the work

 

We pursue design solutions that scale simplicity and humanity across complex institutions

 
Public benefit applications in the State of Michigan, filed away at a local field office. Photo by Janice Cho

Public benefit applications in the State of Michigan, filed away at a local field office. Photo by Janice Cho

 

Re:Form - A Case Study in unlocking access to government serviceS

Millions of Americans struggle to access critical government services. For residents, navigating complex bureaucracies feels overwhelming and de-humanizing. For government agencies, these services are highly inefficient to operate and often fail to deliver desired outcomes. Civilla has been on a mission to unlock access to government services - starting with the public benefit system which impacts 25% of Americans each year. Over the past two and a half years, the Civilla team has been working with the State of Michigan to redesign the experience of applying for public benefits. By prioritizing the needs of residents and caseworkers the team has developed an alternative that drastically reduces the State's operational burden while improving experiences and outcomes for millions of residents.

Dr. Latina Denson - a Michigan resident who engaged the public benefit system for the first time after having a stroke that left her in a coma. After 10 years of recovery, she has joined Re:form to help transform the experience of accessing benefits in Michigan. Photo by Marisol Dorantes.

Dr. Latina Denson - a Michigan resident who engaged the public benefit system for the first time after having a stroke that left her in a coma. After 10 years of recovery, she has joined Re:form to help transform the experience of accessing benefits in Michigan. Photo by Marisol Dorantes.

Aqueelah Abdullah - a MDHHS caseworker whose background in social work inspired her to pursue a career in civil service. Aqueelah is one of many caseworkers who have guided Re:form since its inception, shaping a solution that is rooted in the needs of field staff. Photo by Marisol Dorantes.

Aqueelah Abdullah - a MDHHS caseworker whose background in social work inspired her to pursue a career in civil service. Aqueelah is one of many caseworkers who have guided Re:form since its inception, shaping a solution that is rooted in the needs of field staff. Photo by Marisol Dorantes.

 
 

Context

The Michigan Department of Health and Human Services (MDHHS) touches nearly every Michigan resident through programs and services which range from health, income and nutrition supports to advanced laboratory capabilities and state vital records. The largest of these programs, and to a great extent those most commonly associated with MDHHS, support over 2.6 million Michigan residents through healthcare, nutrition, income, child care, and emergency relief services. With almost $1 Billion of allocated benefit left unclaimed each year, one of the primary barriers to services is the long and complex application. 

The entry point to Michigan's public benefit system is an application that is over 40 pages long. With over 1000 questions and more than 18,000 words it is the longest application of its kind in the United States.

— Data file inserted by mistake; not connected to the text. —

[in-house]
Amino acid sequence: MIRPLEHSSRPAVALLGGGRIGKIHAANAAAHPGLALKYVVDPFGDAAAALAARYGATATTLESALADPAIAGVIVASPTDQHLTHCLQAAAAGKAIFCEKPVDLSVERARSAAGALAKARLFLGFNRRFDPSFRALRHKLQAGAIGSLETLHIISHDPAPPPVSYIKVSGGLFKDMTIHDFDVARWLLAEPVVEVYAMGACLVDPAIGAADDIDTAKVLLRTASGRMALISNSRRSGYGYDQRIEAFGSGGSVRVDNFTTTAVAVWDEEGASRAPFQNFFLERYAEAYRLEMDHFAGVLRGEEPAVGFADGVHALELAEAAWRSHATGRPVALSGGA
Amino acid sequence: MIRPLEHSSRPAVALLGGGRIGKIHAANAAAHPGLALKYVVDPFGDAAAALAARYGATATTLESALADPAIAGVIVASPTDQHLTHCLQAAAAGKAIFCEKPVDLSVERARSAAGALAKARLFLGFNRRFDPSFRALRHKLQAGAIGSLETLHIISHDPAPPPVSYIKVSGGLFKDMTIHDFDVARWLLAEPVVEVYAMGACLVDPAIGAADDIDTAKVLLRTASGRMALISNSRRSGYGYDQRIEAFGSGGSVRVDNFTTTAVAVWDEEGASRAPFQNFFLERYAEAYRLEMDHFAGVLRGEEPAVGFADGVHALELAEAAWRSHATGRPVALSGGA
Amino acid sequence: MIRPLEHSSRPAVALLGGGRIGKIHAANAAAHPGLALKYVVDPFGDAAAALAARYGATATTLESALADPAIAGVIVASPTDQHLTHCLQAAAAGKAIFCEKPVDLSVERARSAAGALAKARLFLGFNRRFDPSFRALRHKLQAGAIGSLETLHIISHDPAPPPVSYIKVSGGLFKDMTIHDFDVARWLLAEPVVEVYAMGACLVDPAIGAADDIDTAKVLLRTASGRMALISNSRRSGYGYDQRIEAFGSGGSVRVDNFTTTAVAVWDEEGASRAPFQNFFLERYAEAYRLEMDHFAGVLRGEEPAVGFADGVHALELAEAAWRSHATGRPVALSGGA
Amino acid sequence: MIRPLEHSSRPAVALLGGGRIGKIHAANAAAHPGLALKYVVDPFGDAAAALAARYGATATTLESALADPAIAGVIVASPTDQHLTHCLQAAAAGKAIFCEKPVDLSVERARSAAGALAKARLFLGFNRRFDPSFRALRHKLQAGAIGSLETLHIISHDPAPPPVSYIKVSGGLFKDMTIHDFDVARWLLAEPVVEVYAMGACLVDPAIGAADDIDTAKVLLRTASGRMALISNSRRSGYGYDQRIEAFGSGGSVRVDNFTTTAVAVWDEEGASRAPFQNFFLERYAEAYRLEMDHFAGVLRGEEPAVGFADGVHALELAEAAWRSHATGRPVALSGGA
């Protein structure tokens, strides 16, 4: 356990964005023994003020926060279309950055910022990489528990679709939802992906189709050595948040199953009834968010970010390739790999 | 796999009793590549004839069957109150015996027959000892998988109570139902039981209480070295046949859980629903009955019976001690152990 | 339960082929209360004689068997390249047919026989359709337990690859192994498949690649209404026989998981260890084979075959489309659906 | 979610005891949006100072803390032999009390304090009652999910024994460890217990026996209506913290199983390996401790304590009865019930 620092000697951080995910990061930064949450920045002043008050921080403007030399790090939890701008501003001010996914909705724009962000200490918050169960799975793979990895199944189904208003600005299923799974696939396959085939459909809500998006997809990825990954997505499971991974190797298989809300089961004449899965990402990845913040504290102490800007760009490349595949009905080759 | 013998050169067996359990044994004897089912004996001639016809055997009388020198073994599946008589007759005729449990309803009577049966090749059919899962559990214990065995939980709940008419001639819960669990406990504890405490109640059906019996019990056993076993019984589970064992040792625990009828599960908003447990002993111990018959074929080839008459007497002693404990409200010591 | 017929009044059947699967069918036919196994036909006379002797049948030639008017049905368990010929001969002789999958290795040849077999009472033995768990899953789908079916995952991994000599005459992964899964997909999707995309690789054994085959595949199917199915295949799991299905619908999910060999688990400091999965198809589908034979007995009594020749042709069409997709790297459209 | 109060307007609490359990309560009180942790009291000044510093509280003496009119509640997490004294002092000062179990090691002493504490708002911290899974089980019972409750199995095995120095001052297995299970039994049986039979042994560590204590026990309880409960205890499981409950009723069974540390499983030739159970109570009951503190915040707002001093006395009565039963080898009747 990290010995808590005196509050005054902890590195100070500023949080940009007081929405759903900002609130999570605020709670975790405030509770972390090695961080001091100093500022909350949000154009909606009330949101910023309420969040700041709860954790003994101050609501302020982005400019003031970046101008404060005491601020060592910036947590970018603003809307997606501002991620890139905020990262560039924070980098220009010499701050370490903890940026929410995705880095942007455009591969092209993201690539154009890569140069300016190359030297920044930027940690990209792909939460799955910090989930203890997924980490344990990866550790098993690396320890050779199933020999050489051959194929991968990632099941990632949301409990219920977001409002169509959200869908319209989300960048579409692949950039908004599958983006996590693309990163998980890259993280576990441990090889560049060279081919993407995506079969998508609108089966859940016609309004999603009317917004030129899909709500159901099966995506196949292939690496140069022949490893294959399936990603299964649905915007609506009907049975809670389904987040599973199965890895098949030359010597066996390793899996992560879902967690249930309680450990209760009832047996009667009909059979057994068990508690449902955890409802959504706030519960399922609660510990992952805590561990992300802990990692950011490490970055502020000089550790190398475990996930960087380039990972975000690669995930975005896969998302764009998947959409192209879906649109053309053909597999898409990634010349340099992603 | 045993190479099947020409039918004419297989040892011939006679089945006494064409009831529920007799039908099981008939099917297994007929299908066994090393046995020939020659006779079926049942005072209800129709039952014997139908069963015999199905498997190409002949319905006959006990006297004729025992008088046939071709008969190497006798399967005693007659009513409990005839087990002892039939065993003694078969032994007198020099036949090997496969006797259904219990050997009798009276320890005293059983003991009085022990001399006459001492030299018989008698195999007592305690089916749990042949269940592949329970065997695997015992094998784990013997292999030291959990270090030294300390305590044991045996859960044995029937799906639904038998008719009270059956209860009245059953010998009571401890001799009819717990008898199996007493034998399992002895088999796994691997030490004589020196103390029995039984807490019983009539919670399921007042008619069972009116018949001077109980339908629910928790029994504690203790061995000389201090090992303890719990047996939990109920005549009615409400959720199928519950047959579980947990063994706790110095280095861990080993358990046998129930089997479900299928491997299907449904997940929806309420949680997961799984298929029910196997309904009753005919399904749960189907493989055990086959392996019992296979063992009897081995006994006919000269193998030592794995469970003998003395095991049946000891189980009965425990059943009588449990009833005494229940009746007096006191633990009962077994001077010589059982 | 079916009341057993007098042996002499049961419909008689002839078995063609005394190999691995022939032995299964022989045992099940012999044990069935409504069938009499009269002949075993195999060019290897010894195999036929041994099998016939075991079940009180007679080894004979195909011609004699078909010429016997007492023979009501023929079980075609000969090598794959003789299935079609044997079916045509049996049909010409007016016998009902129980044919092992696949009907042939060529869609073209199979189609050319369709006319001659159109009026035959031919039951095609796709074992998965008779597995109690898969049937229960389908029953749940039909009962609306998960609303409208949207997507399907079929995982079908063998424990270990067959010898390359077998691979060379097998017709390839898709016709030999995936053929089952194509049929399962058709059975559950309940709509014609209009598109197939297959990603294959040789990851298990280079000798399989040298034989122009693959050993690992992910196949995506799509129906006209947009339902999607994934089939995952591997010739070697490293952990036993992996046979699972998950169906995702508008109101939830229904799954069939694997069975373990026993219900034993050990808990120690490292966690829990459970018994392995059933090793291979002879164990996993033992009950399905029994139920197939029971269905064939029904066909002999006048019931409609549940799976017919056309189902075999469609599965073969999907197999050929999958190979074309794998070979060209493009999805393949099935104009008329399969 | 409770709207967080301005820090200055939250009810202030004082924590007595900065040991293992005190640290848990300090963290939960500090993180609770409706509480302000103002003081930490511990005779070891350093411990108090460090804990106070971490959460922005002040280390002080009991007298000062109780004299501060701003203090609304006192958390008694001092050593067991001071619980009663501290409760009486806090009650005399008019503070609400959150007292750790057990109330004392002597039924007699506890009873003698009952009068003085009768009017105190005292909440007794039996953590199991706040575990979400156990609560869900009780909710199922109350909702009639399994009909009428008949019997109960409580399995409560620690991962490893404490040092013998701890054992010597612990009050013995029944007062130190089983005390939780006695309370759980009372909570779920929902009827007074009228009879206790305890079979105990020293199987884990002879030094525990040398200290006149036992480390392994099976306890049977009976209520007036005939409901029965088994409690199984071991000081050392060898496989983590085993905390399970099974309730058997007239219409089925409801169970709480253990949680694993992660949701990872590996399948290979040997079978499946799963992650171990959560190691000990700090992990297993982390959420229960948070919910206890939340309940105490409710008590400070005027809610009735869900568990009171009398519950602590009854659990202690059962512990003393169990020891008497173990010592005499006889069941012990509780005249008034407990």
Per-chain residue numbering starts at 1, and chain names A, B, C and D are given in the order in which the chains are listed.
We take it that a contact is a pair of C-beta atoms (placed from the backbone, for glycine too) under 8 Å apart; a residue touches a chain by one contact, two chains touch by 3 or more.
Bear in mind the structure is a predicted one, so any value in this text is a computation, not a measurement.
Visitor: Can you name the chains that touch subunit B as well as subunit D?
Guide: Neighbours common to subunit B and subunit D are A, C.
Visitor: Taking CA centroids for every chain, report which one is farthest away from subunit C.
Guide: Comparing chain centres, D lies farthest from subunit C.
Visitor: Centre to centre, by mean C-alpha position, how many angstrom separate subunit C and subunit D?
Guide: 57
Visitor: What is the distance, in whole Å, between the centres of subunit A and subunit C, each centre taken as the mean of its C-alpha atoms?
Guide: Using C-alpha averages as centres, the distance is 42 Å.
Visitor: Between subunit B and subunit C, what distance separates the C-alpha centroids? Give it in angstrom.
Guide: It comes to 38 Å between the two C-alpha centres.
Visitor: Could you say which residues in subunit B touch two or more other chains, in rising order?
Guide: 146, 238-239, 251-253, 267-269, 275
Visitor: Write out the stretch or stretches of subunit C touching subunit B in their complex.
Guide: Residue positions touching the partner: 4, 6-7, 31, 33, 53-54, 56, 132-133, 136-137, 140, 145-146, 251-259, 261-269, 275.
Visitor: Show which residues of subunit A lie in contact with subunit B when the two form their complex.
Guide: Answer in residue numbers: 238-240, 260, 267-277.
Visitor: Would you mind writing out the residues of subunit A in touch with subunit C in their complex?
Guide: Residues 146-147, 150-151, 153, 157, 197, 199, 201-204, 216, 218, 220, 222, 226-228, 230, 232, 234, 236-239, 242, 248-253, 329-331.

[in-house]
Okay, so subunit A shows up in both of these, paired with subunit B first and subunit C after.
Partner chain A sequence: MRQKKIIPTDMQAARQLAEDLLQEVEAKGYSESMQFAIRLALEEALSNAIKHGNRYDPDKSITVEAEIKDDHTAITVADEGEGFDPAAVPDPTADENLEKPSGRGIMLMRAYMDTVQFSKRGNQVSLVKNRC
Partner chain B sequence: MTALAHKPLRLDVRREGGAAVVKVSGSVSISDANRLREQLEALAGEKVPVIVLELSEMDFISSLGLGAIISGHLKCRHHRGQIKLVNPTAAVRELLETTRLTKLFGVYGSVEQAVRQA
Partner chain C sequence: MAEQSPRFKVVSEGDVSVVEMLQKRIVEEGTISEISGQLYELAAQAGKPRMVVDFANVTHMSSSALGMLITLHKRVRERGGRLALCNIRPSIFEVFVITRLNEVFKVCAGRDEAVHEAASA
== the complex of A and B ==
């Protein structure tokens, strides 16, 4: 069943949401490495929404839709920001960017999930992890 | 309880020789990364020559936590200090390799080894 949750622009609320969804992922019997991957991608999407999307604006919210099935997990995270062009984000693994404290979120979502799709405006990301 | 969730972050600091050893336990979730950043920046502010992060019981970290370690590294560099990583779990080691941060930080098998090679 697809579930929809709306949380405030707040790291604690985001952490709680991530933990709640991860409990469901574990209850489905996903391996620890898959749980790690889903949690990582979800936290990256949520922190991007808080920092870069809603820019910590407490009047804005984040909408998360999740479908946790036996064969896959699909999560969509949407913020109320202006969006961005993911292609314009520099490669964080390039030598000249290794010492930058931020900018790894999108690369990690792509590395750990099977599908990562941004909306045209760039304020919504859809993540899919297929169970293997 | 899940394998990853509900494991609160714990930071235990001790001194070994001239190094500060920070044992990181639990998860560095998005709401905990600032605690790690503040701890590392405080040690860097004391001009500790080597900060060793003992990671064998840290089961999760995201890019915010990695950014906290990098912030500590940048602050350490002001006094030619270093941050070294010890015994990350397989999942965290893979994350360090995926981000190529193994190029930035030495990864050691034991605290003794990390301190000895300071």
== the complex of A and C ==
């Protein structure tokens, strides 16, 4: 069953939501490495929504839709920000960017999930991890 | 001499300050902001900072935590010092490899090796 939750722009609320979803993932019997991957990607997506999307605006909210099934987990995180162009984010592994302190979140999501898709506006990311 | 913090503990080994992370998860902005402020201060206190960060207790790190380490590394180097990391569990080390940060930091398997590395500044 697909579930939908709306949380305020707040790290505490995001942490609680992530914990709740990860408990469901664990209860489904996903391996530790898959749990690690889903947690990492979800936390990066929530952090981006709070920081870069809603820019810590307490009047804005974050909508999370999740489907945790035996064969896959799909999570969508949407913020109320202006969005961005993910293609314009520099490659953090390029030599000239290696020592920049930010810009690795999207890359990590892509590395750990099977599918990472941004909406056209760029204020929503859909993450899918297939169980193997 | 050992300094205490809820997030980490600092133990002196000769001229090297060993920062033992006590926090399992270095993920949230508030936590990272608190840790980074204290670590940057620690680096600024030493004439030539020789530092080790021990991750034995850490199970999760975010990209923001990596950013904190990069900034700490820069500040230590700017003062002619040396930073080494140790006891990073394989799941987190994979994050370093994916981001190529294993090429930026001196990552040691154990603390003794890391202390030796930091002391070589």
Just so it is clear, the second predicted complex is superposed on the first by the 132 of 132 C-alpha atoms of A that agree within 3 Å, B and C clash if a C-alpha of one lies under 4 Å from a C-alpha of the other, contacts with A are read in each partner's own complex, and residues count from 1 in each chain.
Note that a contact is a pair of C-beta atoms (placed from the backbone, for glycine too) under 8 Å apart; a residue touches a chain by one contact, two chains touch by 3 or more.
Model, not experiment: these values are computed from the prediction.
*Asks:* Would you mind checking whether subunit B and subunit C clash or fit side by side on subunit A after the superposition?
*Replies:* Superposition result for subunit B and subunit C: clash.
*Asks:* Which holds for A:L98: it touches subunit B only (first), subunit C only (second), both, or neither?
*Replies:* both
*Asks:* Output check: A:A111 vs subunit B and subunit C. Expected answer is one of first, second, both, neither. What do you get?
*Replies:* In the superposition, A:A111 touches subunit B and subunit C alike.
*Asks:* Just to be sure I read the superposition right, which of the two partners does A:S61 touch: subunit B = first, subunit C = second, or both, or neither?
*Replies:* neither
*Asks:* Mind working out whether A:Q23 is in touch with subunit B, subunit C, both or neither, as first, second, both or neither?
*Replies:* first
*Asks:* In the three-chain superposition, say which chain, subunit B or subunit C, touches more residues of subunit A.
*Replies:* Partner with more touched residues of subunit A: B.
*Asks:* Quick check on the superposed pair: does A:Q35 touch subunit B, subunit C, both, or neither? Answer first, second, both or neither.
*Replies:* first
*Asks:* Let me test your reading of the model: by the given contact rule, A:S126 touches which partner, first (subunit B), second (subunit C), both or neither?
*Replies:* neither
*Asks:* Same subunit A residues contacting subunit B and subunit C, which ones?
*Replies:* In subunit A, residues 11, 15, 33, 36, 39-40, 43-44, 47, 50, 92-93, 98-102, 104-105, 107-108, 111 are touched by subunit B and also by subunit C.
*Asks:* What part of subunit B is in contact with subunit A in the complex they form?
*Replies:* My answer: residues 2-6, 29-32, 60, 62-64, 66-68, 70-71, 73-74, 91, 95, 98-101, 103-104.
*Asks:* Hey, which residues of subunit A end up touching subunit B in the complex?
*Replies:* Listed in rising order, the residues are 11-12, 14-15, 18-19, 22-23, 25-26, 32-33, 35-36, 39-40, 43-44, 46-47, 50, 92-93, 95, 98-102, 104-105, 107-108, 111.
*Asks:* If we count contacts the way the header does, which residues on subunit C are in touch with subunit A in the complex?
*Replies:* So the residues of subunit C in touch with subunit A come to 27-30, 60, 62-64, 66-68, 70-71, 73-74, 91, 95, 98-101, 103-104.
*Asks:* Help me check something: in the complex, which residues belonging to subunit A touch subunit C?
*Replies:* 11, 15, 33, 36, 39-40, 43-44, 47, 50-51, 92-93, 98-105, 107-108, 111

The entry point to Michigan's public benefit system is an application that is over 40 pages long. With over 1000 questions and more than 18,000 words it is the longest application of its kind in the United States. 

Not only does this application create a significant barrier to services for residents, but it is also extremely cumbersome for the State to administer and process.

Research + Development

Convinced there was a better way, Civilla began meeting with local residents and caseworkers to hear their stories about navigating Michigan’s public benefits system. The team began ethnographic research in September 2015, spending over 4000 hours at kitchen tables, in living rooms, and in MDHHS offices to listen to those who were closest to the issue. The stories that emerged were harrowing and inspirational, and revealed that the DHS-1171 was a significant hurdle to individuals receiving the state’s most critical services.

Through months of field work, the Civilla team developed a nuanced understanding of the experiences of both residents and caseworkers. The team lifted up these stories in an immersive exhibit that walked State leadership through the full journey of applying for benefits. In parallel, Civilla established relationships with the USDS, Code for America, the Urban Institute, CBPP, and state government agencies to lift up best practices from the US and abroad. 

Driven by these insights, Civilla partnered with MDHHS to redesign the benefits application to make it as short, simple, and relevant as possible. The application would be designed from the perspective of residents and caseworks, rather than policy requirements and business process only. It would be easy to read, complete, and process, and beautiful to look at. By reimagining this central touchpoint through the eyes of its most common users, the team set out to design a system that worked better for everyone.

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Photo by Janice Cho